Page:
To discover more please feel free to visit our GitCentric pages here.

GITCENTRIC GitCentric 2014.1 update


Posted in: GitCentric, News, Product Review, SCM Resources

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Making Git in the Enterprise a Reality

Developer:  I love using Git.  It’s so easy to work with, and I can code quickly with it!  I’d like to use Git for our XYZ project.

Manager: I realize that you really like using Git, but we need to figure out how we can let you use Git and still manage the security and scalability issues with it in our enterprise environment.

Does this sound like your software development organization?

Just about every software developer has heard of Git, the open-source version control system that’s easy to setup and use, powerful, distributed and most importantly, fast. You may love using Git, particularly if you are working with Android or Linux, but if you are within an enterprise software development organization, the reality is that Git alone is not the answer. Although Git works well and enables developer productivity, it has limitations that impede software development efforts in an enterprise environment.

One of the limitations with Git is that it poses a compliance and audit risk. Development history can be changed and you can’t verify that each change in production was tied to a particular change/issue request, or oftentimes which developer originated the change, For companies that have to meet specific regulatory requirements, you need an audit trail of changes, which Git does not inherently provide. Git also lacks built-in security, giving everyone access to everything, which is an issue if you are managing larger, enterprise software development organizations where only certain people should access certain code. So, while Git has many benefits, it also presents lots of challenges if you work on large-scale, enterprise software projects.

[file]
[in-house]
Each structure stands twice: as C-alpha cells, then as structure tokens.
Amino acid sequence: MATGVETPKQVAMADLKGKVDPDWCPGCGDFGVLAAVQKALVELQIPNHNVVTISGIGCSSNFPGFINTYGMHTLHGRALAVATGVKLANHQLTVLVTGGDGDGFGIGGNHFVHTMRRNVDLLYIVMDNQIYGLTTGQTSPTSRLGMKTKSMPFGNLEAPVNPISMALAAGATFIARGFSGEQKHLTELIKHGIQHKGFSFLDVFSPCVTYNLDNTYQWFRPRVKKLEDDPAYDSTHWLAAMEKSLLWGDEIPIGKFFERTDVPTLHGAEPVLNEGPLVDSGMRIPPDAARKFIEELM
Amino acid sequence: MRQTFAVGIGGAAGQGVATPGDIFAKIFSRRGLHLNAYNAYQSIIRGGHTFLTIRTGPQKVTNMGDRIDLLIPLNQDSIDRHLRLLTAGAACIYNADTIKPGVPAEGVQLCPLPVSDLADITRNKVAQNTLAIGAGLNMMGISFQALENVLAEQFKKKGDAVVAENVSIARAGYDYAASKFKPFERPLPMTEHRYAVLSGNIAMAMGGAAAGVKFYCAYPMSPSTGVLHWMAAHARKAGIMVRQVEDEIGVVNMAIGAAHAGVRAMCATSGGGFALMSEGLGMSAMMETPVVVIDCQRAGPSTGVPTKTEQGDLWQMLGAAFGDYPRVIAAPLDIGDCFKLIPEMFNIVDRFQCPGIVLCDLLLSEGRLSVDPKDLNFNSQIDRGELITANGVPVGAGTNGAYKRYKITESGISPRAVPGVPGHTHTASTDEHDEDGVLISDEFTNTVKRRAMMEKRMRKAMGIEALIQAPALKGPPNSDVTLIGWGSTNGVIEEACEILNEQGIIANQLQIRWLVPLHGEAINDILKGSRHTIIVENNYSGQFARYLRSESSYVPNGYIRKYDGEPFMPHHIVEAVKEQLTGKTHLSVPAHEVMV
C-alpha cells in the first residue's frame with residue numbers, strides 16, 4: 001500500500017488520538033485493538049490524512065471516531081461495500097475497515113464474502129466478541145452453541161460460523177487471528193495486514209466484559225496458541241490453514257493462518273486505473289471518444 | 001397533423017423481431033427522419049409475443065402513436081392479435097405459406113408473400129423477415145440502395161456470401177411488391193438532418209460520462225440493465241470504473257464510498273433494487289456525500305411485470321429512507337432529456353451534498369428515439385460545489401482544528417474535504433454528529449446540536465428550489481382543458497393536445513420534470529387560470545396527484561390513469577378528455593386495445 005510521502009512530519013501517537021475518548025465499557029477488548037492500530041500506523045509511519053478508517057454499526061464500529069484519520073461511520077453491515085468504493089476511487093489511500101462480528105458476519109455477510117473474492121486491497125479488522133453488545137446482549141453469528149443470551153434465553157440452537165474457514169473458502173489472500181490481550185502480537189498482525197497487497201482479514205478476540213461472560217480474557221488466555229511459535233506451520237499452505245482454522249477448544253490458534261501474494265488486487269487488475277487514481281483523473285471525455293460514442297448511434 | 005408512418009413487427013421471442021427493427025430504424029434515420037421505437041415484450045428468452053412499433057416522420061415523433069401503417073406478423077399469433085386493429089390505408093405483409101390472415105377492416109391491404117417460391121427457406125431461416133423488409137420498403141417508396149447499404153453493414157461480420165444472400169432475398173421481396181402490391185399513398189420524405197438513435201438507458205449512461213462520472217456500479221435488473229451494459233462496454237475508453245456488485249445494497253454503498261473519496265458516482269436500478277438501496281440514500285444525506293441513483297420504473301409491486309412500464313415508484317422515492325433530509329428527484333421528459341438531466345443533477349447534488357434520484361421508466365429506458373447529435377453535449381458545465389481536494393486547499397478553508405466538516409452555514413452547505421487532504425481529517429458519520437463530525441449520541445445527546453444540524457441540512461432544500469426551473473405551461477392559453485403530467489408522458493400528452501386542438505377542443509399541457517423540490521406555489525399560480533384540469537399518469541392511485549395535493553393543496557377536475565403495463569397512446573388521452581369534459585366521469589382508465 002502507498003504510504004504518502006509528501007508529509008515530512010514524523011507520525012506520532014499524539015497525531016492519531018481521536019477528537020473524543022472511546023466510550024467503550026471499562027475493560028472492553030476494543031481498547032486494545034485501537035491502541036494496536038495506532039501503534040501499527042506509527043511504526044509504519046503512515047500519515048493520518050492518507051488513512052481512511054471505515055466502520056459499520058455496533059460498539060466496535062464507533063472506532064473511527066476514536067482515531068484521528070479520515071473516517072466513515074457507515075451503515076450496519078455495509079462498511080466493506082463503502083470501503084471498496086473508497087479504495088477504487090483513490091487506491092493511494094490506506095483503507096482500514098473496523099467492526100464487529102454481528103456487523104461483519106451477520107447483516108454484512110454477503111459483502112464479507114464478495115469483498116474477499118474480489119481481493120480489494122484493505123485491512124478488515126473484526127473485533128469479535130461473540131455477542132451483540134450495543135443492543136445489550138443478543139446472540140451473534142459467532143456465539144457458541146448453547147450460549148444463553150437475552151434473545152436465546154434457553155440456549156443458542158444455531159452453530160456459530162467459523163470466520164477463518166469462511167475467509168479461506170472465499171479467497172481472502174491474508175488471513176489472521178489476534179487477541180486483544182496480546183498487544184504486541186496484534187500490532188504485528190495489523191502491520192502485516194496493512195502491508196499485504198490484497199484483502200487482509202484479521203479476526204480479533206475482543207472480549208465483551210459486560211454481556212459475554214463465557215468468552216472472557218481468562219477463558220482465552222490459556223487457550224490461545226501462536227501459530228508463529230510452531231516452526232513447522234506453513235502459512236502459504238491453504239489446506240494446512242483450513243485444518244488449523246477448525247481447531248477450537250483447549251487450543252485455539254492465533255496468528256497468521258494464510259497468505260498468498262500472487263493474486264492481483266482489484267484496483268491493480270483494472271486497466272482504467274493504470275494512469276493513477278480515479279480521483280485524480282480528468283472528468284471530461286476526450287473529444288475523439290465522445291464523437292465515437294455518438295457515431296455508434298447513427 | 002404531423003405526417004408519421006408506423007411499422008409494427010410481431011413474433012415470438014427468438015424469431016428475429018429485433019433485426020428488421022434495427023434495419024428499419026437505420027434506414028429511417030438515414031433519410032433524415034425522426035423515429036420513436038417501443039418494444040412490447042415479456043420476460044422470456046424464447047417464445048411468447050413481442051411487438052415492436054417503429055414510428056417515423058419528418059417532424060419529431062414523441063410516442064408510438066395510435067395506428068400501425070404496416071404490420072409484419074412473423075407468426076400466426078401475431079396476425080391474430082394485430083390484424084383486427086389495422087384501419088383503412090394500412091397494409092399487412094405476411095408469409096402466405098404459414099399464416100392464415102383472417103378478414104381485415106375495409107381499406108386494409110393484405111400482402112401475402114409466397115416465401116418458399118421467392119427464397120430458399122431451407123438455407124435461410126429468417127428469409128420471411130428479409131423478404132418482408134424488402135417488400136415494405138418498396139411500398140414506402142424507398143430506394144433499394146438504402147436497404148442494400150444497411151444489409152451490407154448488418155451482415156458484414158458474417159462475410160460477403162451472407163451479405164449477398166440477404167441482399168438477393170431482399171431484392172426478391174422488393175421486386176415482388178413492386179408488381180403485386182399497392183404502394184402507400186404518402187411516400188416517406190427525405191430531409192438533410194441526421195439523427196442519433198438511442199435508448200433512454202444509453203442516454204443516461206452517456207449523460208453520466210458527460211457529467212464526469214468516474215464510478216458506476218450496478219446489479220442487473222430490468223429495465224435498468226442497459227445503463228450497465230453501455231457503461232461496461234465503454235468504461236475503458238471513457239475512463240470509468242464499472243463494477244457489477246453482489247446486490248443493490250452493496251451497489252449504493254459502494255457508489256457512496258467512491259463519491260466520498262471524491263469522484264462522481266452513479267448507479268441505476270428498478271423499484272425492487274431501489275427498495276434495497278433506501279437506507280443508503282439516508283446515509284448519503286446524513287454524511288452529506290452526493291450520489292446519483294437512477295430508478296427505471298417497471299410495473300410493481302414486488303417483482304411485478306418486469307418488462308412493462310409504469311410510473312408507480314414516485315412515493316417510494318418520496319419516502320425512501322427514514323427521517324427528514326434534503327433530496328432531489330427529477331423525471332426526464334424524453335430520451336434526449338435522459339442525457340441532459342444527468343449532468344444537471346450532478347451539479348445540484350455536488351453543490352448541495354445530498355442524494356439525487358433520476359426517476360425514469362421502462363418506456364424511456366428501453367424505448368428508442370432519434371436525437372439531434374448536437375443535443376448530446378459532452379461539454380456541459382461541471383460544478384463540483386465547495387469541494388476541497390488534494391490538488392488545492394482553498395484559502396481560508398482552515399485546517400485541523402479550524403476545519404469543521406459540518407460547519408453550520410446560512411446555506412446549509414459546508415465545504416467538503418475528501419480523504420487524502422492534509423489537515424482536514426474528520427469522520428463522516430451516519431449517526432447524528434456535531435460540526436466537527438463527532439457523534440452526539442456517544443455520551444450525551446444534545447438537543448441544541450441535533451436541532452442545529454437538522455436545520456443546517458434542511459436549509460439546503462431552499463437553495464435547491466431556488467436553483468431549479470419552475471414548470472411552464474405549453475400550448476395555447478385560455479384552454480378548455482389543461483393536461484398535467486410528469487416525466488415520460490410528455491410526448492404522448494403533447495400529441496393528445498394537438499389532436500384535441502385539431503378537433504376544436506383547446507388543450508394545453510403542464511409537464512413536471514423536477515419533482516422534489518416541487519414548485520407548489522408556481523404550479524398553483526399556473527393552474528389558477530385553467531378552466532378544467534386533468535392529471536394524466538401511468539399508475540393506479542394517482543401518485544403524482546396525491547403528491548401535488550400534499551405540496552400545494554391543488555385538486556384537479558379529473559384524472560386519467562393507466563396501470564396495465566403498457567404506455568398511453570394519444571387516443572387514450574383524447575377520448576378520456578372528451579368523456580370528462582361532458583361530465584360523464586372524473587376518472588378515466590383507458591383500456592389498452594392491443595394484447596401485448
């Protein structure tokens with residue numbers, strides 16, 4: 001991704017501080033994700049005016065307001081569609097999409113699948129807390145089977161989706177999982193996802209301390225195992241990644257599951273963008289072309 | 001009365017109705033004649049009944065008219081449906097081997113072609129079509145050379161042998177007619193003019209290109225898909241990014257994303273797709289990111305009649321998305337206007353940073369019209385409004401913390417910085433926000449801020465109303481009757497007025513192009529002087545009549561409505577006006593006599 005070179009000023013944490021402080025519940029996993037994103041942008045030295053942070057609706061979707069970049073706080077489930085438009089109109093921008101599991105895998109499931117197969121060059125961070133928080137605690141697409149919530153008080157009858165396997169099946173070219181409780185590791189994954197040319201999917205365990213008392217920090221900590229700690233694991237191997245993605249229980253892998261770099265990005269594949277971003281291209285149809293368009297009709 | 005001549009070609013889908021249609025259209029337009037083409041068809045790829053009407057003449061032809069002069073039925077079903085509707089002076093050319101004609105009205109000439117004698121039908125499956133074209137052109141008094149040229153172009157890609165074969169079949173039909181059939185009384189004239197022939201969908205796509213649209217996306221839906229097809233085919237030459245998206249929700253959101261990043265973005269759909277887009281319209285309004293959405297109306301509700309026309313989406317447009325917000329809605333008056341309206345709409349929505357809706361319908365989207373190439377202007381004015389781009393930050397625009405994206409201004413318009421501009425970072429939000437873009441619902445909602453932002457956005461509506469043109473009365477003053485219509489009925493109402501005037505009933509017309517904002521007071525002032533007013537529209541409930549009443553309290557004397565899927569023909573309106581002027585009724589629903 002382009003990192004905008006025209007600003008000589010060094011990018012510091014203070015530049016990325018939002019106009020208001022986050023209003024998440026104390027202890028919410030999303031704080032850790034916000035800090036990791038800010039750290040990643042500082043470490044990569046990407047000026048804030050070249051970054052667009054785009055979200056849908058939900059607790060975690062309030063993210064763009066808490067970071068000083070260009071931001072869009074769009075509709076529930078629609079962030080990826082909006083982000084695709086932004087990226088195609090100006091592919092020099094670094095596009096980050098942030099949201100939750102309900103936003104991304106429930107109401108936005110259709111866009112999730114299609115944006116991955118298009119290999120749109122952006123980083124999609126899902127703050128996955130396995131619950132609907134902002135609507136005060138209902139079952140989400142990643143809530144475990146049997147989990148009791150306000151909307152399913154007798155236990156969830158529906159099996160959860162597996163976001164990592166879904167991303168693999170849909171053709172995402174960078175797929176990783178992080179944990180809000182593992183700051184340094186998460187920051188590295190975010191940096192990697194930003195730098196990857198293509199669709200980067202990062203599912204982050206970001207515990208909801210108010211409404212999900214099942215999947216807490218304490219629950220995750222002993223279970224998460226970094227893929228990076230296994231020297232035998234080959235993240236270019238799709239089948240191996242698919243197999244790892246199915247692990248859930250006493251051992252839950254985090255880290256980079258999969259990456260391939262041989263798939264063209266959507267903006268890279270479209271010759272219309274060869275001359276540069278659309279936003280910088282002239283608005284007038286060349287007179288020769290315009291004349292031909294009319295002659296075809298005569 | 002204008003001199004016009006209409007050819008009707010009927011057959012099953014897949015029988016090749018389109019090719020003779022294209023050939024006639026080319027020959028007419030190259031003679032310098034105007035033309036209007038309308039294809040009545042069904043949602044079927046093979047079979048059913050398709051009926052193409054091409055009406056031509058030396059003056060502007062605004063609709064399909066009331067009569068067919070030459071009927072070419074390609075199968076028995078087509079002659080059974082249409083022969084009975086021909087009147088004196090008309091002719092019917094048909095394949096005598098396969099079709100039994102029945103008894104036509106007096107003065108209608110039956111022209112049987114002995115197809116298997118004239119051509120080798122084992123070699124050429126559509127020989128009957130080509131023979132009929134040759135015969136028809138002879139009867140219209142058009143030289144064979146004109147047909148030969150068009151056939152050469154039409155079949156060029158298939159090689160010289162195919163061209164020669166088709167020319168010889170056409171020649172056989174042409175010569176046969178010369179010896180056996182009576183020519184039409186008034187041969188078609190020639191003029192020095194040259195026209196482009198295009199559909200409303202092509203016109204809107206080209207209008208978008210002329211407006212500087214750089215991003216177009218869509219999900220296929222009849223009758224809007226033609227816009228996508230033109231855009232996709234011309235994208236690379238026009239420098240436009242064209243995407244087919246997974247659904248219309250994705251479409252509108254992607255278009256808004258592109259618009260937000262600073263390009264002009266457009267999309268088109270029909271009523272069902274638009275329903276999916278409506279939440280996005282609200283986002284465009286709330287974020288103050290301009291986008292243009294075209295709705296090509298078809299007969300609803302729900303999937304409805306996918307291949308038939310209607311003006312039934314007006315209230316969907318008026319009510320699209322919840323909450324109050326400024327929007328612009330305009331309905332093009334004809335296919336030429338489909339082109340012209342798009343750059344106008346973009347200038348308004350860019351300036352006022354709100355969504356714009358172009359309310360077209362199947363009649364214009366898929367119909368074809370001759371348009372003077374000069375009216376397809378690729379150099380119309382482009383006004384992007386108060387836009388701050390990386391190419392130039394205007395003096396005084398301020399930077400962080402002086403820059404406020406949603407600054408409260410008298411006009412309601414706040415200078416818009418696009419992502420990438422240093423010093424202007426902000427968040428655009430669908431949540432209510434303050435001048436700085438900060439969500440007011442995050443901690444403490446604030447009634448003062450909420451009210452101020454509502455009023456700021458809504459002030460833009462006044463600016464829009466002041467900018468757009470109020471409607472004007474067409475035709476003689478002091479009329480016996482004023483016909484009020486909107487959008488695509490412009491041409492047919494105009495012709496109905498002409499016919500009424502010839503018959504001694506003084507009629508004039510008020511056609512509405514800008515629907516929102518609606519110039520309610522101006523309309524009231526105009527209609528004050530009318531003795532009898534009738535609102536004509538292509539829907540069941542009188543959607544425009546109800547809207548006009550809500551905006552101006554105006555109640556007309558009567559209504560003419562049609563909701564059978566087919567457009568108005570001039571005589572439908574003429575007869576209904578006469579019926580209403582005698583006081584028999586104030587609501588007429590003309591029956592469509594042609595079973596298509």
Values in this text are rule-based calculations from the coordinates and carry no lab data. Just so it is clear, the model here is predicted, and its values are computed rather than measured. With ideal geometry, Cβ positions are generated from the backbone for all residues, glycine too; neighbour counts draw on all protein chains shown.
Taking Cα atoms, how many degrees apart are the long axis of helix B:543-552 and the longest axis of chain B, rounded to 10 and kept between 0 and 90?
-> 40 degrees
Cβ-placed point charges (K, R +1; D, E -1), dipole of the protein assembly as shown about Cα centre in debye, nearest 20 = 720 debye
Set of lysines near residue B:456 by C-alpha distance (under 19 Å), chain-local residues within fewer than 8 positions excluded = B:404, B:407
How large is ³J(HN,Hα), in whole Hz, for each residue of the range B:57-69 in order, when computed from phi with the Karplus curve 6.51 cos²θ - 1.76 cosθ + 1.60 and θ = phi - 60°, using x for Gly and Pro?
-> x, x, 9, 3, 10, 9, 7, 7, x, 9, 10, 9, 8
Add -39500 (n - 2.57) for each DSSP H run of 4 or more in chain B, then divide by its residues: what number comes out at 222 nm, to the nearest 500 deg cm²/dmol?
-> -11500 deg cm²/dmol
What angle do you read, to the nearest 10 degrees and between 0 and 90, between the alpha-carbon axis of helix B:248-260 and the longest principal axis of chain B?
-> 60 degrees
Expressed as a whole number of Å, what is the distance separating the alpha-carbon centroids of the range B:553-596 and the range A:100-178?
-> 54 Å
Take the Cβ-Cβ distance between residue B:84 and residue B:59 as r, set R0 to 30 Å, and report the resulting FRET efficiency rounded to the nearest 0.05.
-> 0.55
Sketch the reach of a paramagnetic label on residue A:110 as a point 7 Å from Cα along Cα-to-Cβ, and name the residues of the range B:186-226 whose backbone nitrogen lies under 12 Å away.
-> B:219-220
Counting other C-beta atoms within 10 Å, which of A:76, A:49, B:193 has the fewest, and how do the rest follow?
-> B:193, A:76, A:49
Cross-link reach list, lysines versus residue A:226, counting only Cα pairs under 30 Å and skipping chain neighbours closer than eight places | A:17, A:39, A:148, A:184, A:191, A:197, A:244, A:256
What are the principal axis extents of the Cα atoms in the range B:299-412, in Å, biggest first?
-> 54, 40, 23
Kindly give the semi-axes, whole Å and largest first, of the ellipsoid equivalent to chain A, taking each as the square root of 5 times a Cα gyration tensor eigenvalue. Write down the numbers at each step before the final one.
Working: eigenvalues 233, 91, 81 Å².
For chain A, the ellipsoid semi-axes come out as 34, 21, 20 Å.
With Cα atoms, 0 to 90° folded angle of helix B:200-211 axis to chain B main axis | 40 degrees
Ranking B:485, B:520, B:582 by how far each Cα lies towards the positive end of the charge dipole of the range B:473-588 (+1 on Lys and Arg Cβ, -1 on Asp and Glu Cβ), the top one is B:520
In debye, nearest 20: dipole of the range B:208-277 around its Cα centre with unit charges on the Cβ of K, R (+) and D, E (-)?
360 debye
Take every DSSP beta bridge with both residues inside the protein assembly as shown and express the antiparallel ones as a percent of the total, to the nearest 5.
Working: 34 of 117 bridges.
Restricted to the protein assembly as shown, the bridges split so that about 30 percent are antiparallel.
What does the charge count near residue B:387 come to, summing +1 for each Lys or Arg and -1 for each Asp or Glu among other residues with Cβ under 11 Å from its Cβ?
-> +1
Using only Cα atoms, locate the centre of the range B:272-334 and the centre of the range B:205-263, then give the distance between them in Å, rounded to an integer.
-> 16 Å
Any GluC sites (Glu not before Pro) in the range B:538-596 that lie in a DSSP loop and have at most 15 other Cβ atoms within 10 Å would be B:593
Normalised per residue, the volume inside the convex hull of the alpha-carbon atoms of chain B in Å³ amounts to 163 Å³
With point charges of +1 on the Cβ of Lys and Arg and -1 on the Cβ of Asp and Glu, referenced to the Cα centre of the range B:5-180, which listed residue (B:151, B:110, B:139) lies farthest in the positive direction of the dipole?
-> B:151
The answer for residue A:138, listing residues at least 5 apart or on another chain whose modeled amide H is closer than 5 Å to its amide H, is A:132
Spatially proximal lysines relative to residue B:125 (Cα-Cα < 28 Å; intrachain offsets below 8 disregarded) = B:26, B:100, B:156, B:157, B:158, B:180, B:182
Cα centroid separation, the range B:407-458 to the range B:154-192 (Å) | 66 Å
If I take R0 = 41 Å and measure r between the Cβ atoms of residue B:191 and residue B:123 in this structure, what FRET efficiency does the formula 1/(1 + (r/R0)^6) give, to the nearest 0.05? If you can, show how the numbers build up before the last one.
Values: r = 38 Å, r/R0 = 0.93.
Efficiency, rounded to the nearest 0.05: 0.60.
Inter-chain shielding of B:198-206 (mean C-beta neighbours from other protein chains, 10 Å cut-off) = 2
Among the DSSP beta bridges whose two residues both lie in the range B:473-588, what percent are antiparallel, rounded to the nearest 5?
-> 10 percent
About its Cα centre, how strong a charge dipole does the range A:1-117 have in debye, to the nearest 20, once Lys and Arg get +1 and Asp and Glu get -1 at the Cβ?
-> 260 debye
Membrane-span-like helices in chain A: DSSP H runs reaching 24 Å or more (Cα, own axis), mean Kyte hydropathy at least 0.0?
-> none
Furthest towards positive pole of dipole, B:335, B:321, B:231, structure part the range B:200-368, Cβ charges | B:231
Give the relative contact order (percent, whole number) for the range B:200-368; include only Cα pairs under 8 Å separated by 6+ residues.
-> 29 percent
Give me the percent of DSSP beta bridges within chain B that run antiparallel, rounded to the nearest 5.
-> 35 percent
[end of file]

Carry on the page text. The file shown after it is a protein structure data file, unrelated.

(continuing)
But you can realize the benefits of Git and scale it for complex enterprise software environments.

AccuRev developed GitCentric with all of this in mind. With GitCentric, you can maintain control, security and traceability – all critical in large, complex development organizations- while working optimizing your agile and continuous integration and delivery goals.

We recently conducted a webinar on this topic. Check out: for more information on Git, including its challenges and benefits, and how you can leverage it effectively and securely in the enterprise using GitCentric.

Carol Ferrari – Vice President, Marketing – AccuRev